Schedule 5 Narcotics
Schedule 5 narcotics are those with a low potential for abuse relative to the controlled substances listed in schedule 4. They currently have accepted medical use in treatment in the United States and have limited physical dependence or psychological dependence liability relative to the controlled substances listed in schedule 4 or the incidence of abuse is such that the substance should be dispensed by a practitioner. Many, if not most, Schedule 5 narcotics are over the counter medications, such as cough syrups containing codeine and cold medicines containing ephedrine.
As with any narcotic, there are two basic different types of charges a person may face: possession and possession with intent to deliver/manufacture. As the names imply, the crucial element between the two is the defendant’s intent while he/she possesses the narcotics.
- Possession of a Schedule 5 substances is a misdemeanor punishable by imprisonment for not more than 1 year or a fine of not more than $2,000.00, or both.
Possession With The Intent To Deliver/Manuracture
- Delivering of Manufacturing certain Schedule 5 substances is a felony punishable by imprisonment for not more than 2 years or a fine of not more than $2,000.00, or both.
The Nessel and Kessel Approach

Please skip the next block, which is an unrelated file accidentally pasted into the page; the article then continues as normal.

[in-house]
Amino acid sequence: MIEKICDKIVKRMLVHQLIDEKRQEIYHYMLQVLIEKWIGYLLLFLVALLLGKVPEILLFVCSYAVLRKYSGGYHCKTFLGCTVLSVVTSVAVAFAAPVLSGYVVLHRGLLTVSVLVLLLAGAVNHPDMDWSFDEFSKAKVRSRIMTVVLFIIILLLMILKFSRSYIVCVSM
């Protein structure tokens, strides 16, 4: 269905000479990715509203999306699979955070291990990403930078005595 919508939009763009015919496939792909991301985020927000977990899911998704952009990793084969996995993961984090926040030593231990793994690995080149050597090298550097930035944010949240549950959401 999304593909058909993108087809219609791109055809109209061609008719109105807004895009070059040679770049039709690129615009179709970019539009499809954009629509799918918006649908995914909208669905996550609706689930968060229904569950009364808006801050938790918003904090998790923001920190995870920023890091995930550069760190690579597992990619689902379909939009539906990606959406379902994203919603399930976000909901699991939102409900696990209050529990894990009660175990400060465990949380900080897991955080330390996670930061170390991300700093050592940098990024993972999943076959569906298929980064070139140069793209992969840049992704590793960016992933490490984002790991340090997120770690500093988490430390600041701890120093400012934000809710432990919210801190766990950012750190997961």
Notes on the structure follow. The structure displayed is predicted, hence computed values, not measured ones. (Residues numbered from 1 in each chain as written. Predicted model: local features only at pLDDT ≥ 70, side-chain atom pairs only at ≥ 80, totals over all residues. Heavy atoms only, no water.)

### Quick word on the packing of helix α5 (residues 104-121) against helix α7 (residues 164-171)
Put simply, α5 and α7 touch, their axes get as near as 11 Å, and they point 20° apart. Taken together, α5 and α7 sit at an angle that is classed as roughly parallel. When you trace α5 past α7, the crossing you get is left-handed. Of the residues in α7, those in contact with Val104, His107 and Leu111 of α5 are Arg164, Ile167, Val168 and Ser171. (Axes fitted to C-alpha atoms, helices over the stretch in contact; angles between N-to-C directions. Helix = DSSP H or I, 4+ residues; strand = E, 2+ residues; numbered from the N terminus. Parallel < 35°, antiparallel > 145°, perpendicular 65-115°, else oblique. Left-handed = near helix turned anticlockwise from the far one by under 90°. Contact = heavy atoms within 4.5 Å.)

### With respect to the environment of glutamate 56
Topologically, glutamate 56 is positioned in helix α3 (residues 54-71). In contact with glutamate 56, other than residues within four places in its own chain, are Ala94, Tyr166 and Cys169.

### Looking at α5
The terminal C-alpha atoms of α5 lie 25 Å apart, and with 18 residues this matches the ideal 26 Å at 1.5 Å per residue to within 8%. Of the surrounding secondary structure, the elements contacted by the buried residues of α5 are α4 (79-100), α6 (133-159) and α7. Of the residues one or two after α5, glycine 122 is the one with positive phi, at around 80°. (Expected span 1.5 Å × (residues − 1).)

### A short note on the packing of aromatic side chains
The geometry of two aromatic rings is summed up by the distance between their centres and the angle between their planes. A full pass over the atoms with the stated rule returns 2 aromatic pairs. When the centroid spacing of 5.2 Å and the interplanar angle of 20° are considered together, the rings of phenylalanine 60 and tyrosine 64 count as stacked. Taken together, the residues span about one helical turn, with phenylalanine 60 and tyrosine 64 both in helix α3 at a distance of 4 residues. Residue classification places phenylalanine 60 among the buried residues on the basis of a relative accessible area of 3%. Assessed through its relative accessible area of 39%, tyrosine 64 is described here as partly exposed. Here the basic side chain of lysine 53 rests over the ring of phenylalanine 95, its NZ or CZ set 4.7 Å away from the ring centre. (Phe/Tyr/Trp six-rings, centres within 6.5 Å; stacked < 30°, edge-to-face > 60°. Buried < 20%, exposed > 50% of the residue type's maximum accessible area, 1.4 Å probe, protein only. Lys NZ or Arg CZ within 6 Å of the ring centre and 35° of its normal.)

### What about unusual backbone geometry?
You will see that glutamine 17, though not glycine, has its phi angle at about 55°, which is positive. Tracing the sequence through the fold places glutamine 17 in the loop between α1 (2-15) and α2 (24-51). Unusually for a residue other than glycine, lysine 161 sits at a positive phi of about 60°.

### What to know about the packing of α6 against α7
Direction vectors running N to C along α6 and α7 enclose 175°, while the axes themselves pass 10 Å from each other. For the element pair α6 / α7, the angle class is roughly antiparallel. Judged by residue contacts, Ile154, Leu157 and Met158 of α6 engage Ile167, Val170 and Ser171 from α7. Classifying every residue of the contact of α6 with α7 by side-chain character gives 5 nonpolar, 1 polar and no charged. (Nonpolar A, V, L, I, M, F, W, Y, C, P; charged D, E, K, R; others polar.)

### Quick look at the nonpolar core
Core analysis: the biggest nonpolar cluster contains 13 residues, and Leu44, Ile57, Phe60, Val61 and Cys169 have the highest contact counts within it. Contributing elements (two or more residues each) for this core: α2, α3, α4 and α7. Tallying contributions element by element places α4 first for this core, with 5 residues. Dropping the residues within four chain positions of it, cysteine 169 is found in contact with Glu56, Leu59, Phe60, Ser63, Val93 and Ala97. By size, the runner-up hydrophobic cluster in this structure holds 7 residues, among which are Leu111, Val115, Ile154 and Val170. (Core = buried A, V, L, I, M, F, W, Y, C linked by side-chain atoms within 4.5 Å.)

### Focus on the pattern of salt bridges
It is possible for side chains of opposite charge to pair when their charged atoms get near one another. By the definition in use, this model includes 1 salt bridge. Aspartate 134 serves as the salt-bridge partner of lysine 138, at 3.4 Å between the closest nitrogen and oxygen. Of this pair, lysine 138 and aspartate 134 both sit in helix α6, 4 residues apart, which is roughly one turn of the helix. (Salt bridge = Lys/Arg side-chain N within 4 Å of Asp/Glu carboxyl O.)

Drug cases tend to be the most complicated cases because of all the different issues that may come up. That means you need a drug defense attorney who knows the law and how to use it to your advantage. When a client retains Nessel and Kessel Law we immediately begin to develop a comprehensive strategy for success. Sometimes success means convincing the prosecutor to dismiss the charges completely, or have them greatly reduced. Other times it means a motion to suppress evidence to have the case dismissed by a judge, or fully preparing for trial and securing a not guilty verdict.
There are almost always 4th Amendment issues when dealing with narcotics charges because the arrest usually stems from a stop on the street or while driving, from the execution of a search warrant, or because of the use of a confidential informent to secure information used to perform a stop or obtain a warrant. Many times your case will hinge on whether or not your 4th Amendment rights have been violated.
Narcotics charges also hinge heavily on police officer testimony. Generally there will be multiple officers who take part in a “raid.” At Nessel and Kessel Law, we have the necessary skill and experience to cross examine these officers and find the holes and cracks in their story, thereby allowing us to expose the lies and fabrications in their story. Chris Kessel and Dana Nessel are experienced Michigan defense attorneys who not only do we know the law and how to use it to your advantage, but we know how to expose witnesses who are being less than honest.
Regardless of the issue, if you’ve been charged with a drug offense in the State of Michigan, you need a top criminal defense attorney. Contact Nessel and Kessel Law today if you or a friend or family member has been charged with a drug offense.